The hacker group REvil, which launched a cyberattack that has blocked the work of thousands of companies around the world, has agreed to lower its ransom demands. Instead of the initial $ 70 million for restoring access to damaged computer systems, the crackers are ready for $ 50 million, they said on Tuesday, July 6.
REvil demands payment of the ransom in bitcoins. According to cryptocurrency broker Joseph Edwards of Enigma Securities, the desire to get such a large amount of bitcoins is unusual: “It sounds more like a publicity stunt.”
Bitcoins made hacker extortion popular
Usually blackmailers extort relatively small sums – from $ 100,000 to $ 2 million, Edwards said in an interview with >. “Firms are often willing to pay such sums quickly to avoid negative media coverage and prolonged downtime,” he explains.
Criminals try not to bring the case to the intervention of law enforcement agencies, because if investigators find a clue, then more and more often in the end “criminals can be tracked down, they lose money and avoid imprisonment just because they are outside the jurisdiction of the United States – for example, in Russia or China. “, says the expert.
However, Bitcoin made such blackmail by hackers more widespread, says Mikko Hipponen, head of research at the Finnish cybersecurity company F-Secure: “It started in 2013. Attackers then thought that Bitcoin was anonymous and the transactions could not be traced. But later they realized that he was not as elusive as they thought. “
The think tank Chainalysis studies the movement of cryptocurrencies. One of the Center’s studies focuses on cases of extortion that have become public knowledge. And in this area, the share of cryptocurrencies is growing. Most often, blackmailers demand the same bitcoins, but another cryptocurrency, Monero, is also popular, says the head of Chainalysis Duncan Hoffman in an interview with >. “There are probably many other cases that we do not know about, when organizations pay ransom without much hype,” he is convinced.
When bitcoins stop being anonymous
The advantage of bitcoins is obvious – it is the most popular cryptocurrency. “This makes it easier for victims of extortion to meet the demands,” says Thomas Faber of the Frankfurt School of Finance and Management. To trade bitcoins, you need an electronic wallet. And this wallet has its own address, which is forever saved and visible to everyone with each transaction. “Everyone can see the data on the account and all the transactions that went through it,” explains Faber.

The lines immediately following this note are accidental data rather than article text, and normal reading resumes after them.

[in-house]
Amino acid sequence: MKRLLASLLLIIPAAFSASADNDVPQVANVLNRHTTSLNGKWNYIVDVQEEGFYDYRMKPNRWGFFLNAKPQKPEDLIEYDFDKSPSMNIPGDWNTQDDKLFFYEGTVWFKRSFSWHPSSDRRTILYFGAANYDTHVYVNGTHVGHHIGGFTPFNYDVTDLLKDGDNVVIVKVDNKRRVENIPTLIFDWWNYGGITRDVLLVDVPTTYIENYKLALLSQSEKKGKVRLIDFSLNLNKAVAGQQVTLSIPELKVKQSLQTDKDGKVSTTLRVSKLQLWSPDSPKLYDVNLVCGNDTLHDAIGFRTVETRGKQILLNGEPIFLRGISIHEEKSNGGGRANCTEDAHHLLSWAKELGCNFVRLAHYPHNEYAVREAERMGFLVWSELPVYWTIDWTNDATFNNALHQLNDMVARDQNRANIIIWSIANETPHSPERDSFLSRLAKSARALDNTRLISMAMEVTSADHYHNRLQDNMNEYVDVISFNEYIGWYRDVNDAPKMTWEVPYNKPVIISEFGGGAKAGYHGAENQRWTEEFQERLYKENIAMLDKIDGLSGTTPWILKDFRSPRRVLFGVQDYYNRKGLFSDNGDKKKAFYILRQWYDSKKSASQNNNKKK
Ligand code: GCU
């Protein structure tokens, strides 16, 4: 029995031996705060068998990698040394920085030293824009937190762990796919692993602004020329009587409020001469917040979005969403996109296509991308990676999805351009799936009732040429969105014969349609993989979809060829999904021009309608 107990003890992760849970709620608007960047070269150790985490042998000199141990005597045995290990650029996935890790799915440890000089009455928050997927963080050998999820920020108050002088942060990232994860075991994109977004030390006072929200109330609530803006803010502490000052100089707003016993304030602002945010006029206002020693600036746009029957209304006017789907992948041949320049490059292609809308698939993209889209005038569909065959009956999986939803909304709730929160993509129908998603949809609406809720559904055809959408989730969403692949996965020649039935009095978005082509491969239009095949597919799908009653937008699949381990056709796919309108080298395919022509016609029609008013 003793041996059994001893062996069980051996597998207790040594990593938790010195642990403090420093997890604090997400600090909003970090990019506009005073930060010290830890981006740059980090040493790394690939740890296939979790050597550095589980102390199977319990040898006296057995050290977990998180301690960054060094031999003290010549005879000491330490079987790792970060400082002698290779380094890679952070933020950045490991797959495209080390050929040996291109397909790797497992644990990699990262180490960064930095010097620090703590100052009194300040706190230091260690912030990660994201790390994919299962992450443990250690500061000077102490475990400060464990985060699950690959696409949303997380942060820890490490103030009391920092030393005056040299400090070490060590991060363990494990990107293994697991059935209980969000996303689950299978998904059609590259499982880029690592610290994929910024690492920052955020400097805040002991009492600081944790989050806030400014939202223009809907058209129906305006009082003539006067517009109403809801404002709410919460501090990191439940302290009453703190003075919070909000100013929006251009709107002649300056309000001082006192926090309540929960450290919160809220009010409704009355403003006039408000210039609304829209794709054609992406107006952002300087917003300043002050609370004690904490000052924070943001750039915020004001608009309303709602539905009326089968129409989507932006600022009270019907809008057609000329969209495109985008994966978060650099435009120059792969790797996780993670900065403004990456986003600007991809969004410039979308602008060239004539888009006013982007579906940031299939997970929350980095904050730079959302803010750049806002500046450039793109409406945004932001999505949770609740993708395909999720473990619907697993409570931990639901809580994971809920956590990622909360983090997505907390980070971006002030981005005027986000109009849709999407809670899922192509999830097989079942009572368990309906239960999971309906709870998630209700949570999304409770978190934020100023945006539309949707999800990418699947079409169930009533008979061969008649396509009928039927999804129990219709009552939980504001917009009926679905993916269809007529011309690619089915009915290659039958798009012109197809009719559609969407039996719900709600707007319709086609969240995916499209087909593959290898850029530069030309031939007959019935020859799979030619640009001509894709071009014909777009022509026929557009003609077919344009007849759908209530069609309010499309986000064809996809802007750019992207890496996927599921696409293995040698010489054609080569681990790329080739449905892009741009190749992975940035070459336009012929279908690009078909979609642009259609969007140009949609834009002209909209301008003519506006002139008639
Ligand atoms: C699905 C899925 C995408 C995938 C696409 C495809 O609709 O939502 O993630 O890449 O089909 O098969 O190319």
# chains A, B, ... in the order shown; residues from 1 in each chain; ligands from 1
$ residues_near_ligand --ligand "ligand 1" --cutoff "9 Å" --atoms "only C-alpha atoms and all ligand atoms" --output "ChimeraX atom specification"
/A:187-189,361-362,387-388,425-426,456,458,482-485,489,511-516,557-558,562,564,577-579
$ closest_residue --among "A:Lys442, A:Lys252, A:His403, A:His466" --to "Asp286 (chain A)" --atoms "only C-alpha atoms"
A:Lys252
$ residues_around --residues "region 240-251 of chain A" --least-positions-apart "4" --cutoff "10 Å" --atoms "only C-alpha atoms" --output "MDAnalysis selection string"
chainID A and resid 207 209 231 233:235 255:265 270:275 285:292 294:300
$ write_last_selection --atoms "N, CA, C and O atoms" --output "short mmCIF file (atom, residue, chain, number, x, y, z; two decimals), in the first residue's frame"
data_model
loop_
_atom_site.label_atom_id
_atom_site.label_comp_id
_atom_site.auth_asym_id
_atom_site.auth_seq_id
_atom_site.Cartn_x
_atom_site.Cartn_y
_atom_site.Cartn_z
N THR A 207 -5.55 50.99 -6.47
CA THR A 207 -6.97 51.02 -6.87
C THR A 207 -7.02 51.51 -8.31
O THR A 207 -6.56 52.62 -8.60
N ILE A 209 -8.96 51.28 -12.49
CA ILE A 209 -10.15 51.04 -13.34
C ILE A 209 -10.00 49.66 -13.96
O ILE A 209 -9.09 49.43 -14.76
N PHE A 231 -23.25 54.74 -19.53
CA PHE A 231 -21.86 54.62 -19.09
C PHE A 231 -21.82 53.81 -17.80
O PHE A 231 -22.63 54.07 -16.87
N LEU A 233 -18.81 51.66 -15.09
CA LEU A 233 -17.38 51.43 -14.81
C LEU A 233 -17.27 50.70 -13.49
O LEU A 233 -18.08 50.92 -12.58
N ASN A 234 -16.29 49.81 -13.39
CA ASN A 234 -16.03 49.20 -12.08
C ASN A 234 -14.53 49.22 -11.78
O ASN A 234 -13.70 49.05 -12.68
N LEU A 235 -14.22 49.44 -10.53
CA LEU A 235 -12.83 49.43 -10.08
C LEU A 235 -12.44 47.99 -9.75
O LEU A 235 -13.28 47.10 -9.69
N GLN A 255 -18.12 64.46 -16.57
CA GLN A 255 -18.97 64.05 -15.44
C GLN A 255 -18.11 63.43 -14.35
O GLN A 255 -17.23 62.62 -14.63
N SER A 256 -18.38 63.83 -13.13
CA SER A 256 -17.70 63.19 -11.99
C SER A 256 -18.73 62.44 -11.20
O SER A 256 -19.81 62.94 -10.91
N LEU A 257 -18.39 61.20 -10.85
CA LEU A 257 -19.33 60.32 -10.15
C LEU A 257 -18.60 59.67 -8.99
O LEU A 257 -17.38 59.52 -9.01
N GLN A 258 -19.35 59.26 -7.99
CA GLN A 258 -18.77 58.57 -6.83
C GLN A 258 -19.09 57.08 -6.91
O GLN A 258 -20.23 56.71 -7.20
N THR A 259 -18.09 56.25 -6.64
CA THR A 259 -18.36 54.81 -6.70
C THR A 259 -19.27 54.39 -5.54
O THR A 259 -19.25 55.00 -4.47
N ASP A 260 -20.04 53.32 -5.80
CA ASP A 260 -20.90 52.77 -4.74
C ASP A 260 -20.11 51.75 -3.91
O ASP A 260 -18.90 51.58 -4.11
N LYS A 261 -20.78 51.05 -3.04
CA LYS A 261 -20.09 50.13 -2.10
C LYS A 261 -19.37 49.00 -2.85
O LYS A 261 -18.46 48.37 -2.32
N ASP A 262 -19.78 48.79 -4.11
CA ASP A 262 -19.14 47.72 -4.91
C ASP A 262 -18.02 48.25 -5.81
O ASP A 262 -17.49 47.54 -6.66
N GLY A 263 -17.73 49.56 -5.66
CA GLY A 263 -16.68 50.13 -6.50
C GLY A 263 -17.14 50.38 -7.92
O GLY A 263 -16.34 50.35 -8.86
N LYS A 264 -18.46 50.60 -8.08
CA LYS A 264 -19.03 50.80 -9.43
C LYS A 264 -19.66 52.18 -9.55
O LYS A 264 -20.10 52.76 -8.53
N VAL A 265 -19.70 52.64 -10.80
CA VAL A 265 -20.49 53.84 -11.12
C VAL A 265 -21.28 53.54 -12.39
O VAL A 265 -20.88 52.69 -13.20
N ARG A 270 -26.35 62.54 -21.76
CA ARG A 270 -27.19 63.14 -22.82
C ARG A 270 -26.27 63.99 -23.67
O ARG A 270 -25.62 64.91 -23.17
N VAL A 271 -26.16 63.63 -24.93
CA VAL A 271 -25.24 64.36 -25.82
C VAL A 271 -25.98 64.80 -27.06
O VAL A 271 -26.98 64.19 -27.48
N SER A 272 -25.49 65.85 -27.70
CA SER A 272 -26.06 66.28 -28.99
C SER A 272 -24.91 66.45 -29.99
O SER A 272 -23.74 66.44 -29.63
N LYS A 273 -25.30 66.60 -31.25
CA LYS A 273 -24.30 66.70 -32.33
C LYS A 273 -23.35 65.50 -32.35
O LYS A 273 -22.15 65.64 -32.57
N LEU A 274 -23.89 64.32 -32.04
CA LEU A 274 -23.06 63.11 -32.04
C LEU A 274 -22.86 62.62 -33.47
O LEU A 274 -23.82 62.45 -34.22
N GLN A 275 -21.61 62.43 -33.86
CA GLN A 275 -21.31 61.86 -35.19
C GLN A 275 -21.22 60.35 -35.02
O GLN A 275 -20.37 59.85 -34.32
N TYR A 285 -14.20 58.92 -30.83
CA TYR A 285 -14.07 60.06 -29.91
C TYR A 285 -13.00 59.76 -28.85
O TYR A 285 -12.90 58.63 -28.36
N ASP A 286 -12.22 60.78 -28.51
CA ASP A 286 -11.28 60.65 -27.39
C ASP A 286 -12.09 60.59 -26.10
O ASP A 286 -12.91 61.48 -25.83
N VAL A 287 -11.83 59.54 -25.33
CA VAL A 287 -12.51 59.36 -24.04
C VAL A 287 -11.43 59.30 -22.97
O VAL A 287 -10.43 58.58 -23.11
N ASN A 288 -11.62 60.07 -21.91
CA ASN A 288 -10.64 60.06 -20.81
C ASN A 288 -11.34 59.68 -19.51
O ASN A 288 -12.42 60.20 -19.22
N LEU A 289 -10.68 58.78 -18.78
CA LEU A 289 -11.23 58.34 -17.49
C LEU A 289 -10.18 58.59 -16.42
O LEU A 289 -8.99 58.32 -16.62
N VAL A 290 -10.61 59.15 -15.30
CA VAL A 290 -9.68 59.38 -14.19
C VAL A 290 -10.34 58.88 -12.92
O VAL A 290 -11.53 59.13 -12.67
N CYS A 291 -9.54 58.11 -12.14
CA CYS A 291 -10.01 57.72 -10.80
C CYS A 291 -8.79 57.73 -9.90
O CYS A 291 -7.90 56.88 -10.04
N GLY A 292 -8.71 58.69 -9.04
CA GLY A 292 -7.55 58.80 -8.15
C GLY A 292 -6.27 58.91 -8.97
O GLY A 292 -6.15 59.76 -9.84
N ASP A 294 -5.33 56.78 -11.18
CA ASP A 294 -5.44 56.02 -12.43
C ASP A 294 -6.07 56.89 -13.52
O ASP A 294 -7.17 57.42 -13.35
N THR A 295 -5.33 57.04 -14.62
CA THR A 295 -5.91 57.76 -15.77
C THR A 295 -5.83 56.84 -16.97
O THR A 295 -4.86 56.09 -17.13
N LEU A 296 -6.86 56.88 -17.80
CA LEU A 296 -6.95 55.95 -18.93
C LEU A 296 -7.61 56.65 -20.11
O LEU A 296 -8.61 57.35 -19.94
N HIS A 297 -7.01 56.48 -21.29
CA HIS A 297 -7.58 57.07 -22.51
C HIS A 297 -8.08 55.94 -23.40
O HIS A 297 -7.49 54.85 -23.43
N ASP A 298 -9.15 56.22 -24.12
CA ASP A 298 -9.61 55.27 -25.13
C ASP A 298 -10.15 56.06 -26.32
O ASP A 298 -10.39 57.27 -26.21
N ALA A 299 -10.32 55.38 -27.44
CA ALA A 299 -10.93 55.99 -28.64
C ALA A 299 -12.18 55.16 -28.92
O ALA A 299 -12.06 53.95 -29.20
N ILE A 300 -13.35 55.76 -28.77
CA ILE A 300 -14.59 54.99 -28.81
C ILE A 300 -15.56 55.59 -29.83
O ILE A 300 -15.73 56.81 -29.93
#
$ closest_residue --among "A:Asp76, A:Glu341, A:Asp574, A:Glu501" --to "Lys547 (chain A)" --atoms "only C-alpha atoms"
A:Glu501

You can hide who is behind this or that electronic wallet, but “nevertheless, someday bitcoins must be exchanged for real money, otherwise they are useless in most cases.” Here, as a rule, it is already impossible to do without identity confirmation, so bitcoin cannot be called anonymous, the expert says.
Shop in El Salvador accepting payment in bitcoins
It is at the moment of exchanging cryptocurrencies for money that investigators have good chances, emphasizes Joseph Edwards of Enigma Securities: “Almost all exchange exchanges have high requirements for verification of identity for all transactions.”
Chainalysis estimates that up to 80 percent of the funds received by ransomware in bitcoins are exchanged on just five exchanges. This means that most exchangers follow all the rules. “On the other hand, it also shows that several platforms are turning a blind eye to security requirements or simply not tracking transactions,” says Duncan Hoffman.
Even the darknet and bitcoin mixers won’t help cybercriminals?
Another way to cash out bitcoins is the so-called decentralized exchanges, that is, those where the exchange takes place directly between two persons. In addition, blackmailers can spend the received cryptocurrency to buy goods and services on the darknet, says Thomas Faber of the Frankfurt School of Finance and Management. But in both cases, we are still talking about bitcoins, whose belonging to the funds that served as the ransom can be established. But there are also ways to further cover your tracks – with the help of so-called bitcoin mixers. Such services collect bitcoins from different users into a single account, and then distribute them back in random order.
Bitcoins are not a guarantee of successful blackmail
However, according to Joseph Edwards, tools for tracing the origin of cryptocurrencies are improving: “If the ransom is large enough and law enforcement agencies are attentive, then it is not so difficult to get on the trail of criminals.”
The fact that bitcoins are not a guarantee of successful blackmail was convinced from their own experience by the hacker group Darkside, which presumably operates from Russia. The hackers requested more than $ 4 million in bitcoins to unlock the computer systems of the American company Colonial Pipeline. However, the Federal Bureau of Investigation (FBI) traced the cryptocurrency to 23 wallets and was able to recover about half of the funds.
However, shortly thereafter, the same group, together with REvil, received a ransom of $ 11 million from another firm – JBS. And in this case, it was still not possible to establish where the cryptocurrency flowed away.